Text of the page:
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Reaction Kinetics, Mechanisms and Catalysis

, Volume 126, Issue 2, pp 795–810 | Cite as

Heterogeneous hydroconversion of levulinic acid over silica-supported Ni catalyst

  • Gyula Novodárszki
  • József Valyon
  • Ádám Illés
  • Sándor Dóbé
  • Dhanapati Deka
  • Jenő Hancsók
  • Magdolna R. MihályiEmail author
Article
  • 136 Downloads

Abstract

Silica-supported Ni catalyst (6.6 wt% Ni) was prepared and tested in solvent-free hydroconversion of levulinic acid (LA) using flow-through fixed-bed tube-type microreactor at 250 and 275 °C in the pressure and space time range of 1–30 bar and 0.1–1.0 gcat g LA −1 h, respectively. The catalyst was characterized by XRD, adsorption/desorption N2 isotherms, temperature-programmed H2-reduction (H2-TPR), FT-IR spectra of adsorbed pyridine (Py), and temperature-programmed H2 desorption (H2-TPD). At 250 °C and 1 bar total pressure LA was dehydrated to α-angelica lactone (AL) intermediate that was hydrogenated to γ-valerolactone (GVL). At space time 0.25 gcat g LA −1  h 82% GVL selectivity was achieved at virtually full LA conversion. The GVL became partially converted to pentanoic acid (PA). At longer space time, 1.0 gcat g LA −1  h, the PA selectivity increased to 37%. At pressure > 1 bar the favored reaction of GVL was the hydrogenolysis of its ester bond and dehydration of the intermediate 1,4-pentanediol (1,4-PD) to 2-methyltetrahydrofuran (2-MTHF). At 250 °C and 30 bar the yield of 2-MTHF was 56 mol%. The product distribution is controlled by the relative activity of the Ni/SiO2 catalyst in the hydrogenolysis of the GVL C–O bonds.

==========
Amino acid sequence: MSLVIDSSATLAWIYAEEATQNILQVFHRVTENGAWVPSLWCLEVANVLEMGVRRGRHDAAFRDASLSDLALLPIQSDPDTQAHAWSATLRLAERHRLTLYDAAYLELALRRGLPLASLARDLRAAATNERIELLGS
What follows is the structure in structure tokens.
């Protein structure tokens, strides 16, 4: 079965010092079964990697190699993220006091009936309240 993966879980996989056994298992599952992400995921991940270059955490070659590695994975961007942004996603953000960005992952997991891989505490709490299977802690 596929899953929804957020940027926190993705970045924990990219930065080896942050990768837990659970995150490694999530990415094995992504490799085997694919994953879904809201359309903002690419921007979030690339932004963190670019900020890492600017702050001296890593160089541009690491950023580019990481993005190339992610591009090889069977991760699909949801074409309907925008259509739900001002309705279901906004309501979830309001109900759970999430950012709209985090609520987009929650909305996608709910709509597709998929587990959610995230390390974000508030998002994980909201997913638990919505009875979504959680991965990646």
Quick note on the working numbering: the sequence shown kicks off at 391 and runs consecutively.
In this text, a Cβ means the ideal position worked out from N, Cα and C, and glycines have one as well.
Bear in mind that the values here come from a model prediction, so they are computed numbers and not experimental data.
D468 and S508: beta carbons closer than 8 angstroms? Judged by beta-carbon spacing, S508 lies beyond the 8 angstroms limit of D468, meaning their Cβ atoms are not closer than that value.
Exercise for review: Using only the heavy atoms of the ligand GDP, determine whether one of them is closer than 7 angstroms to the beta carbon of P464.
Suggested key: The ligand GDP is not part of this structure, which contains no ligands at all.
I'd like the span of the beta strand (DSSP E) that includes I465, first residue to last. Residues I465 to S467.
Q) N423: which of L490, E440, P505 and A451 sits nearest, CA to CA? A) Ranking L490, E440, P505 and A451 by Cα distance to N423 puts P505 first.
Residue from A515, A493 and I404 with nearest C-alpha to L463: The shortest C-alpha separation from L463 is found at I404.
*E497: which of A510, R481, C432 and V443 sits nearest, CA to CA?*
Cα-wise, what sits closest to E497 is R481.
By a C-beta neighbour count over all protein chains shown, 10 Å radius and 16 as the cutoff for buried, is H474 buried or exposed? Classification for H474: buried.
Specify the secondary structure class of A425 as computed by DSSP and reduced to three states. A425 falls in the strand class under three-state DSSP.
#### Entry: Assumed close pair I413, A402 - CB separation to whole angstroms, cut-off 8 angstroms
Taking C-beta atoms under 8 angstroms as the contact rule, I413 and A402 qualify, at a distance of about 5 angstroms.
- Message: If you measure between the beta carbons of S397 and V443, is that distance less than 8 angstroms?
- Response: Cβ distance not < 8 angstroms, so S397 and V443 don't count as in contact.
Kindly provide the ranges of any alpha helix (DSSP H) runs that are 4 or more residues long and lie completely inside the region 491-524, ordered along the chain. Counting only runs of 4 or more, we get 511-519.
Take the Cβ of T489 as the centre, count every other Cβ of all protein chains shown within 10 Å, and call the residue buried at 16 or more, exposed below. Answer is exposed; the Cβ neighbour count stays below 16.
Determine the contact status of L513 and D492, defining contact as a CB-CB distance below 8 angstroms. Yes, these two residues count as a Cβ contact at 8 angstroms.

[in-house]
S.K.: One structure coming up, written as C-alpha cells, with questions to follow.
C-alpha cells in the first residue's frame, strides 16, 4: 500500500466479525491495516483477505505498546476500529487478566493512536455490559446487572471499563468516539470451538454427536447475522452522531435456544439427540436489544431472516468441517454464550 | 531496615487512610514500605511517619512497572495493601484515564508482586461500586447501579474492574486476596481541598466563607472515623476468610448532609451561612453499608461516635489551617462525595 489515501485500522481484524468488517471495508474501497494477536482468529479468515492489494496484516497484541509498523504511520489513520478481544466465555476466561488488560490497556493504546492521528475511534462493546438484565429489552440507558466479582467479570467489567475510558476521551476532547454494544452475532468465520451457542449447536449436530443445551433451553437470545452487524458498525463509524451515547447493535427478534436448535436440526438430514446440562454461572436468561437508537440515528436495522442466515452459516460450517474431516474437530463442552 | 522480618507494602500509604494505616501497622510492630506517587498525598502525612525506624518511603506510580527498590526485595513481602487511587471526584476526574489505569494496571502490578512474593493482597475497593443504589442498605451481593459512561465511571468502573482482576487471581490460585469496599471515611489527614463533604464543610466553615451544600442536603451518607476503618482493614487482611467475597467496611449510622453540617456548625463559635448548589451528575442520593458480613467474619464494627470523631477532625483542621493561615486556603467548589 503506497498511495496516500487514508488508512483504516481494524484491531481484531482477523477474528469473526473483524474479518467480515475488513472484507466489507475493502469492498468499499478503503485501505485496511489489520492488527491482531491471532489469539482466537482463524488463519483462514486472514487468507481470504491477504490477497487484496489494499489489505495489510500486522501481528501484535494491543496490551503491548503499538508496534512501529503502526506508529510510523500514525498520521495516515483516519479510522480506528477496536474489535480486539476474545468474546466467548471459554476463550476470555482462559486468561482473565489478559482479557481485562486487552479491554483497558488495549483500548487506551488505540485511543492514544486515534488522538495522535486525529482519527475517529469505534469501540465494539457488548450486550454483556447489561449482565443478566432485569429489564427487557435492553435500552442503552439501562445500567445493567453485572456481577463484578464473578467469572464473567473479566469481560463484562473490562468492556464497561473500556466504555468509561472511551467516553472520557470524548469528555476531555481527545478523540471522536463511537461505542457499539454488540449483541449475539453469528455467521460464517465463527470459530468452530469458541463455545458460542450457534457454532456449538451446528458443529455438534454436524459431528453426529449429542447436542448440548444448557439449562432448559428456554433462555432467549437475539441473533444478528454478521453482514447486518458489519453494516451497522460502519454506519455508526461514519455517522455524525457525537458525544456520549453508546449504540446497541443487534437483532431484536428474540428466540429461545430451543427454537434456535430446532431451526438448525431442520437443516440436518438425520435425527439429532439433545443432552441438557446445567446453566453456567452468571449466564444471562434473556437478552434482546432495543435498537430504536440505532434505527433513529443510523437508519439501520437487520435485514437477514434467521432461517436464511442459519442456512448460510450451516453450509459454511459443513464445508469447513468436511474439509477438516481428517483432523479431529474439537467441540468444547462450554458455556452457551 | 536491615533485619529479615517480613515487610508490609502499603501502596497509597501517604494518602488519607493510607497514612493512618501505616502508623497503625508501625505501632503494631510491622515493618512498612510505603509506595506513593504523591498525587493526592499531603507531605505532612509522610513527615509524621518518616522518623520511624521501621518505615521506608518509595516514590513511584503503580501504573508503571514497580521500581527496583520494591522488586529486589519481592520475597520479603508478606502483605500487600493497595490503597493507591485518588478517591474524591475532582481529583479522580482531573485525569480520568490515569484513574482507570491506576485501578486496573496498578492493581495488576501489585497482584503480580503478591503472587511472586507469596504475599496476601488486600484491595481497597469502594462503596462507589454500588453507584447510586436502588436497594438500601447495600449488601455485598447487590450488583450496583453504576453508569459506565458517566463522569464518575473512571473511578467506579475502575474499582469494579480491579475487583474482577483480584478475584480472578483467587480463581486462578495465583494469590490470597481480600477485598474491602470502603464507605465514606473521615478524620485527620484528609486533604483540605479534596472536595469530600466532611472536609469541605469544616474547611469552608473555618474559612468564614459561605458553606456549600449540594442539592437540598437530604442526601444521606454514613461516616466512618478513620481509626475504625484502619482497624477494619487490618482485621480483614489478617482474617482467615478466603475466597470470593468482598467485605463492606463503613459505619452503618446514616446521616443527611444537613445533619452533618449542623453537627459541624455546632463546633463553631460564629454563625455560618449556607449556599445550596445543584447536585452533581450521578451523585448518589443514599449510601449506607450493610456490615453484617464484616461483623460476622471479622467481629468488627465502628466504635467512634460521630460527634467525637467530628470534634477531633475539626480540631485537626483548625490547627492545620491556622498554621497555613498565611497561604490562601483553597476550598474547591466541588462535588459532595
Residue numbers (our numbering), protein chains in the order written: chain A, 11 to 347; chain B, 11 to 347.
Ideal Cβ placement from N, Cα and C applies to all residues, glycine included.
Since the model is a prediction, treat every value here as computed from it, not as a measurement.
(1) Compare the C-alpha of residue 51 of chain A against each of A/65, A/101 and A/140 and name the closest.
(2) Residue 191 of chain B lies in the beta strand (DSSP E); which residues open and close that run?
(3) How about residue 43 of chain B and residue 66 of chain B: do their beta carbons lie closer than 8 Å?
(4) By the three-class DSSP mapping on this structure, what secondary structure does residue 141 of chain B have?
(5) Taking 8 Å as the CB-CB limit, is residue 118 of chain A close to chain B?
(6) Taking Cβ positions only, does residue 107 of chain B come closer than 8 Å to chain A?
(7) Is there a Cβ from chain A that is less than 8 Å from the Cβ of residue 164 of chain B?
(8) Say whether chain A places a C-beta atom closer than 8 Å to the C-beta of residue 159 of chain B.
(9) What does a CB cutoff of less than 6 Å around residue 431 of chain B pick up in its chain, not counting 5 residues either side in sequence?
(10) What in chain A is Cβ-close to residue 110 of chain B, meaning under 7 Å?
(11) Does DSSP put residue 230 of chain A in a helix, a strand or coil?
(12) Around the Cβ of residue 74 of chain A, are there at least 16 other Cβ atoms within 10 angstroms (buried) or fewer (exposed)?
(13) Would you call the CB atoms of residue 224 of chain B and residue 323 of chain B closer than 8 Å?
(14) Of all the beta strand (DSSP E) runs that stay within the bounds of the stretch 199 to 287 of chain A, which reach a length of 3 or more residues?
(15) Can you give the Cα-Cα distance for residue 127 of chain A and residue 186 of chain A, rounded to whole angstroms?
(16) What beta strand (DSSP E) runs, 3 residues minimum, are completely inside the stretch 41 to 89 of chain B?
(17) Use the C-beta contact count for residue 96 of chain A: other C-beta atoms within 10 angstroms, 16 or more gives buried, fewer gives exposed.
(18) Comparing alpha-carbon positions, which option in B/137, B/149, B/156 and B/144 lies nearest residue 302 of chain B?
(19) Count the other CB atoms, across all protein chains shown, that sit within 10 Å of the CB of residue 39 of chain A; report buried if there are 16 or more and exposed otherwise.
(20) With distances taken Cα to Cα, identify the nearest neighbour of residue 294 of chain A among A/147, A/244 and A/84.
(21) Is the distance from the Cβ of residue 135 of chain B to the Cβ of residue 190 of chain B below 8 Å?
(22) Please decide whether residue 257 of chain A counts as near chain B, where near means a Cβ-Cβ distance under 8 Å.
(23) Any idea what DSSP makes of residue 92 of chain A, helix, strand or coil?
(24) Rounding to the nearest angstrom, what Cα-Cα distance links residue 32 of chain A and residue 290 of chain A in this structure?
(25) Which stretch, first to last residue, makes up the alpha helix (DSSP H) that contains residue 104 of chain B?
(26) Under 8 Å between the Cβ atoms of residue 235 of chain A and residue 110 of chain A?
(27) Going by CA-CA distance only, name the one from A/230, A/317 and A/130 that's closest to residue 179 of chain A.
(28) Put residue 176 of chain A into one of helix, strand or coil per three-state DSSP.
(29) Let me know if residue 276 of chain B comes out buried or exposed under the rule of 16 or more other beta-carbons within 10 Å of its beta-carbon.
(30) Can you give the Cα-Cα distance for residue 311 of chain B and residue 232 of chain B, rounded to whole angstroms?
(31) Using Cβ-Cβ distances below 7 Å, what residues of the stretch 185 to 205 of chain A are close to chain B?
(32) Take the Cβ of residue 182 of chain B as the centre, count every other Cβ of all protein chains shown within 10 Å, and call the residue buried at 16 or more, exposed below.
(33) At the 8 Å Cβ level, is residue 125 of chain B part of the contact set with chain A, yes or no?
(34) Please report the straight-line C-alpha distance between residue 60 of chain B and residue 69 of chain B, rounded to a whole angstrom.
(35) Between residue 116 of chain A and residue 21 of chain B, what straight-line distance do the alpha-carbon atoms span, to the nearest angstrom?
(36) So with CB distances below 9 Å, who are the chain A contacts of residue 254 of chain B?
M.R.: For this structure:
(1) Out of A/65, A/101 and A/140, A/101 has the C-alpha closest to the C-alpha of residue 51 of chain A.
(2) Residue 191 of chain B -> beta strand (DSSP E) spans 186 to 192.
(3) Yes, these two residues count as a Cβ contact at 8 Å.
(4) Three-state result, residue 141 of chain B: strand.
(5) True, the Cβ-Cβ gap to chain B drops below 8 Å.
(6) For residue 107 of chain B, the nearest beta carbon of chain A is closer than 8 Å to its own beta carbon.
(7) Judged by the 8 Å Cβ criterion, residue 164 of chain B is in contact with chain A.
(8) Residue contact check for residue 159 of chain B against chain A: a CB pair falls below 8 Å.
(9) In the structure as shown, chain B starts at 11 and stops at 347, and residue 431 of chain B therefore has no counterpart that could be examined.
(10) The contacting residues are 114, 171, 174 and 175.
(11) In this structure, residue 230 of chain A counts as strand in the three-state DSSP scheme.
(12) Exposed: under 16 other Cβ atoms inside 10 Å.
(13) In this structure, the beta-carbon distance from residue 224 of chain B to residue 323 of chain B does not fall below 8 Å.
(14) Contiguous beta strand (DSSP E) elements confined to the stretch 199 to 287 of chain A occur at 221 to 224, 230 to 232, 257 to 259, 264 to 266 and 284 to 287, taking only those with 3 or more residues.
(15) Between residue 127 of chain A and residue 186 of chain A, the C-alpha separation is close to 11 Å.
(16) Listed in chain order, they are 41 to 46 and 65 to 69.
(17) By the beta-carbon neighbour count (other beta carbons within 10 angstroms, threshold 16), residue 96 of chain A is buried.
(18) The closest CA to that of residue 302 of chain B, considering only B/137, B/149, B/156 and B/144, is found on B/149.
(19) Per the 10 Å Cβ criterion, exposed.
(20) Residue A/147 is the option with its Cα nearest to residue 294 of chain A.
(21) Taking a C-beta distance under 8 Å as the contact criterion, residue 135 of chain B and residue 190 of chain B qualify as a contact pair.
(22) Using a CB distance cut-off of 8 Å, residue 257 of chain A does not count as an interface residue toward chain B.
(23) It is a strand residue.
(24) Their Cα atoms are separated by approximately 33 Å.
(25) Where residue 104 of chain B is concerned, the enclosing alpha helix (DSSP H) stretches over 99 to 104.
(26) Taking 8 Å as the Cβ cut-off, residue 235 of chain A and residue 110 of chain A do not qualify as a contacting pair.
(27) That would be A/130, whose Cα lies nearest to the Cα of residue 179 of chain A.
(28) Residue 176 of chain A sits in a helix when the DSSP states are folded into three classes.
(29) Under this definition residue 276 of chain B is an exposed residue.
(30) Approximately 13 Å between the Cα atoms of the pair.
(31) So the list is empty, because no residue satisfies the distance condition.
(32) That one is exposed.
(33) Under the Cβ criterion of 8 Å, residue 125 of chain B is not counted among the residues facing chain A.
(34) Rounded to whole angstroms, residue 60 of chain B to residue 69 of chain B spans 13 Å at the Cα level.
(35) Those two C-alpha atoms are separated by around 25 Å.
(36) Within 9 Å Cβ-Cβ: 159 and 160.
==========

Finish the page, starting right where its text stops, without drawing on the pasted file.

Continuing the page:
Keywords

Levulinic acid hydroconversion Ni/SiO2 catalyst γ-valerolactone hydrogenolysis 2-Methyltetrahydrofuran Pentanoic Acid 

Notes

Acknowledgements

The authors acknowledge the financial support of the project of the Economic Development and Innovation Operative Program of Hungary, GINOP-2.3.2-15-2016-00053: Development of liquid fuels having high hydrogen content in the molecule (contribution to sustainable mobility). The Project is supported by the European Union. Thanks are also due to the Indo-Hungarian project entitled “Biochemicals and biofuels from lignocellulosic biomass by Green catalytic processes” (Grant No. TÉT_15_IN-1-2016-0034) and the Argentine-Hungarian project entitled “Development of catalytic processes for the agro-environmental protection and agro technology” (Grant No. TÉT_15-1-2016-0089) financed by the National Research, Development and Innovation Office of Hungary. Further thanks is due to COST Action FP1306 (LIGNOVAL).

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Copyright information

© Akadémiai Kiadó, Budapest, Hungary 2018

Authors and Affiliations

  • Gyula Novodárszki
    • 1
  • József Valyon
    • 1
  • Ádám Illés
    • 1
  • Sándor Dóbé
    • 1
  • Dhanapati Deka
    • 2
  • Jenő Hancsók
    • 3
  • Magdolna R. Mihályi
    • 1
    Email author
  1. 1.Institute of Materials and Environmental Chemistry, Research Centre for Natural SciencesHungarian Academy of SciencesBudapestHungary
  2. 2.Biomass Conversion Laboratory, Department of EnergyTezpur UniversityTezpurIndia
  3. 3.Institute of Chemical and Process EngineeringUniversity of PannoniaVeszprémHungary

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